TRUMP AGENDA: The Monday Night Massacre?
About last night: "President Donald Trump fired Acting Attorney General Sally Yates on Monday night after she directed Justice Department lawyers not to defend his executive order on immigration. The Trump administration said it had "relieved" Yates — who was deputy attorney general in the administration of President Barack Obama and stayed on as acting attorney general pending the confirmation of Sen. Jeff Sessions, R-Alabama — and named Dana Boente, 63, the U.S. attorney for the Eastern District of Virginia, to serve in the meantime."
More, from the New York Times: "Ms. Yates, like other senior government officials, was caught by surprise by the executive order and agonized over the weekend about how to respond, two Justice Department officials involved in the weekend deliberations said. Ms. Yates considered resigning but she told colleagues she did not want to leave it to her successor to face the same dilemma."
More about Boente, from the Washington Post: "Lawyers who have known Boente, who was U.S. Attorney for the Eastern District of Virginia, said he has a reputation for being tough but even handed. While he has not been vocal about his political views, they said, he would not have agreed to be thrust into the role of defending President Trump's controversial executive order banning some migrants unless he believed it was legally sound."
And there's also this: "President Donald Trump replaced the acting director of U.S. Immigration and Customs Enforcement on Monday night, shortly after he fired the acting attorney general, the Department of Homeland Security confirmed. Unlike the firing of Acting Attorney General Sally Yates, the replacement of Acting ICE Director Daniel Ragsdale came with no explanation. Ragsdale was replaced by Thomas Homan, ICE's executive associate director of enforcement and removal operations since 2013."
CEOs are trying to figure out what to do. "The phone calls flew back and forth among the nation's top chief executives over the weekend, all asking the same questions: "What are you going to say publicly about Trump's executive order? And what can we say about it without becoming his next punching bag?" writes the New York Times. "At the annual Alfalfa Club dinner in Washington — a private affair that many prominent executives attended Saturday night — one person later described being buttonholed by a rival C.E.O. who asked how he could condemn President Trump's order "without poking the bear." Another wondered aloud whether an invitation to meet with Mr. Trump at the White House would be withdrawn if he spoke out. And yet another worried about the prospect of a boycott of their companies' products depending on the acerbity of their words."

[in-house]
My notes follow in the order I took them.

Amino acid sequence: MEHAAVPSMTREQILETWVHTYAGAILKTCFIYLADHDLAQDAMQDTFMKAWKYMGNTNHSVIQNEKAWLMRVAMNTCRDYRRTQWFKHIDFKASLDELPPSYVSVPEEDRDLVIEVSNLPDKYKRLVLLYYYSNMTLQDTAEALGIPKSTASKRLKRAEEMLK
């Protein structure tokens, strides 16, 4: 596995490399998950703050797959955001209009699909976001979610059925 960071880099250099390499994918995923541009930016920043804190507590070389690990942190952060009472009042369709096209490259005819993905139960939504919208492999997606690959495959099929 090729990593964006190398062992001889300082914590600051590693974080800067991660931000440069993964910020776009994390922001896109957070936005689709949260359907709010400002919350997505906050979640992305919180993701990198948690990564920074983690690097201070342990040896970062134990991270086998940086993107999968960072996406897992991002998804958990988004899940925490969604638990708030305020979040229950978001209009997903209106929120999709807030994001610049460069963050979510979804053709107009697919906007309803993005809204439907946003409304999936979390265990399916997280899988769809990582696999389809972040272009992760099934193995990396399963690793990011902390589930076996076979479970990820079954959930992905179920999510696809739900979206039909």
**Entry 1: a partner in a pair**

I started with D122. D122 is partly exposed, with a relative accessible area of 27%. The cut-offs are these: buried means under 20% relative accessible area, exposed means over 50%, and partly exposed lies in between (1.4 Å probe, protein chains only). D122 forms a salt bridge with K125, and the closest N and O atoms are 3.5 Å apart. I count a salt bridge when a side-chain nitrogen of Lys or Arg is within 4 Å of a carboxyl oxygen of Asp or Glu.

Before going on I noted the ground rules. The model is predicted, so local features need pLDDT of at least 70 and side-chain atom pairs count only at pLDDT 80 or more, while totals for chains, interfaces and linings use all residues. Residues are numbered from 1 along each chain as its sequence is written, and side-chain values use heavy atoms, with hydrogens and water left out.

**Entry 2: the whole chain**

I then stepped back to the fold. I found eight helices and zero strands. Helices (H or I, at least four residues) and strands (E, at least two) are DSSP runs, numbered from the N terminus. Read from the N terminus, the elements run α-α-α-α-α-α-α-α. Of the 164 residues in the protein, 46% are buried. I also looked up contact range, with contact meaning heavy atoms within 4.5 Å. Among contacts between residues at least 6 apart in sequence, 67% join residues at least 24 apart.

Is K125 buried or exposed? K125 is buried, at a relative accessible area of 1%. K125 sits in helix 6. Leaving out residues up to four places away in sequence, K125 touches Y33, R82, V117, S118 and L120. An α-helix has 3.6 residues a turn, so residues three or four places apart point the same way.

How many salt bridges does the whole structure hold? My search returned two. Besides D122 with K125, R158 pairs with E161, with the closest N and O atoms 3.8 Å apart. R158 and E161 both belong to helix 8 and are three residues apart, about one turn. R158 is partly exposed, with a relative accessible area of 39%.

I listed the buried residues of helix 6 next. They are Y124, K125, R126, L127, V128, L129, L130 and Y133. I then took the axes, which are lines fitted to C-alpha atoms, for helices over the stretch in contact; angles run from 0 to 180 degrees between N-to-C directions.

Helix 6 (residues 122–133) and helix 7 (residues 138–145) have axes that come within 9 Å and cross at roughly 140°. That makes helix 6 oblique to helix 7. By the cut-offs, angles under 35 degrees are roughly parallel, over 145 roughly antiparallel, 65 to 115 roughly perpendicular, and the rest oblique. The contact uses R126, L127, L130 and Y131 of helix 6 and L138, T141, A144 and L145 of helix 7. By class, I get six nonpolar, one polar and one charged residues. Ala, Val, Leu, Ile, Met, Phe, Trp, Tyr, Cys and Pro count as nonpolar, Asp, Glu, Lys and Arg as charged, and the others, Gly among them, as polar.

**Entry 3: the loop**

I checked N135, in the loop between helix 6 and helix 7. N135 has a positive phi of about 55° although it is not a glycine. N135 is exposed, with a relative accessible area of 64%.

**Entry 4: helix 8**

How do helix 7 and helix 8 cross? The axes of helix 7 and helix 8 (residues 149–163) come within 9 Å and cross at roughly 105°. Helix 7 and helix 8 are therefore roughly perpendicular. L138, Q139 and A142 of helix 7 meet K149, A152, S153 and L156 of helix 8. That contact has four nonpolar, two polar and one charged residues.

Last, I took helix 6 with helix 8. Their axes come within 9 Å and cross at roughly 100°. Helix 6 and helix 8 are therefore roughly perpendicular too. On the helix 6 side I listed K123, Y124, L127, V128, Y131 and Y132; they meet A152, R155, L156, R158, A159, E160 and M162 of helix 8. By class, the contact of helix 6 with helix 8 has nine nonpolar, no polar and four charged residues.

The Washington Post fact-checks: "The number of people affected by Trump's travel ban: About 90,000"
The AP: "Washington became the first state to sue the Trump administration with a filing Monday over the president's executive order restricting refugees and immigration. It likely will not be standing alone for long. Since Donald Trump was elected president, Democratic state attorneys general have been forming a coordinated wall of legal resistance over immigration, environmental protections, health care and other major issues."
In a statement, Trump said this morning that he will keep Obama-era LGBT protections in place. "The President is proud to have been the first ever GOP nominee to mention the LGBTQ community in his nomination acceptance speech, pledging then to protect the community from violence and oppression. The executive order signed in 2014, which protects employees from anti-LGBTQ workplace discrimination while working for federal contractors, will remain intact at the direction of President Donald J. Trump."
David Brooks: "The Republican Fausts are in an untenable position. The deal they've struck with the devil comes at too high a price. It really will cost them their soul."
CONGRESS: Non-disclosure agreements with congressional staff?
How did the White House work with Congress on the immigration order? POLITICO: "Senior staffers on the House Judiciary Committee helped Donald Trump's top aides draft the executive order curbing immigration from seven Muslim-majority nations, but the Republican committee chairman and party leadership were not informed, according to multiple sources involved in the process. The news of their involvement helps unlock the mystery of whether the White House consulted Capitol Hill about the executive order, one of many questions raised in the days after it was unveiled on Friday. It confirms that the small group of staffers were among the only people on Capitol Hill who knew of the looming controversial policy."
More: "The work of the committee aides began during the transition period after the election and before Donald Trump was sworn in. The staffers signed nondisclosure agreements, according to two sources familiar with the matter. Trump's transition operation forced its staff to sign these agreements, but it would be unusual to extend that requirement to congressional employees. Rexrode declined to comment on the nondisclosure pacts."
The Wall Street Journal: "Once President Donald Trump names his choice for the Supreme Court, attention will turn quickly to Senate Majority Leader Mitch McConnell and his ability to win confirmation of the nominee in a closely divided Senate. An institutionalist who reveres the Senate as a stabilizing force in tumultuous times, Mr. McConnell has spent years defending Senate rules that require 60 votes to advance a Supreme Court nomination—a high hurdle in the current highly partisan environment. Now, Mr. McConnell likely will be forced to choose between preserving a Senate tradition and maintaining his allegiance to a Republican base that will pressure him to change the rules in order to put Mr. Trump's nominee on the court."
How will a SCOTUS pick get confirmed? Here's everything you need to know.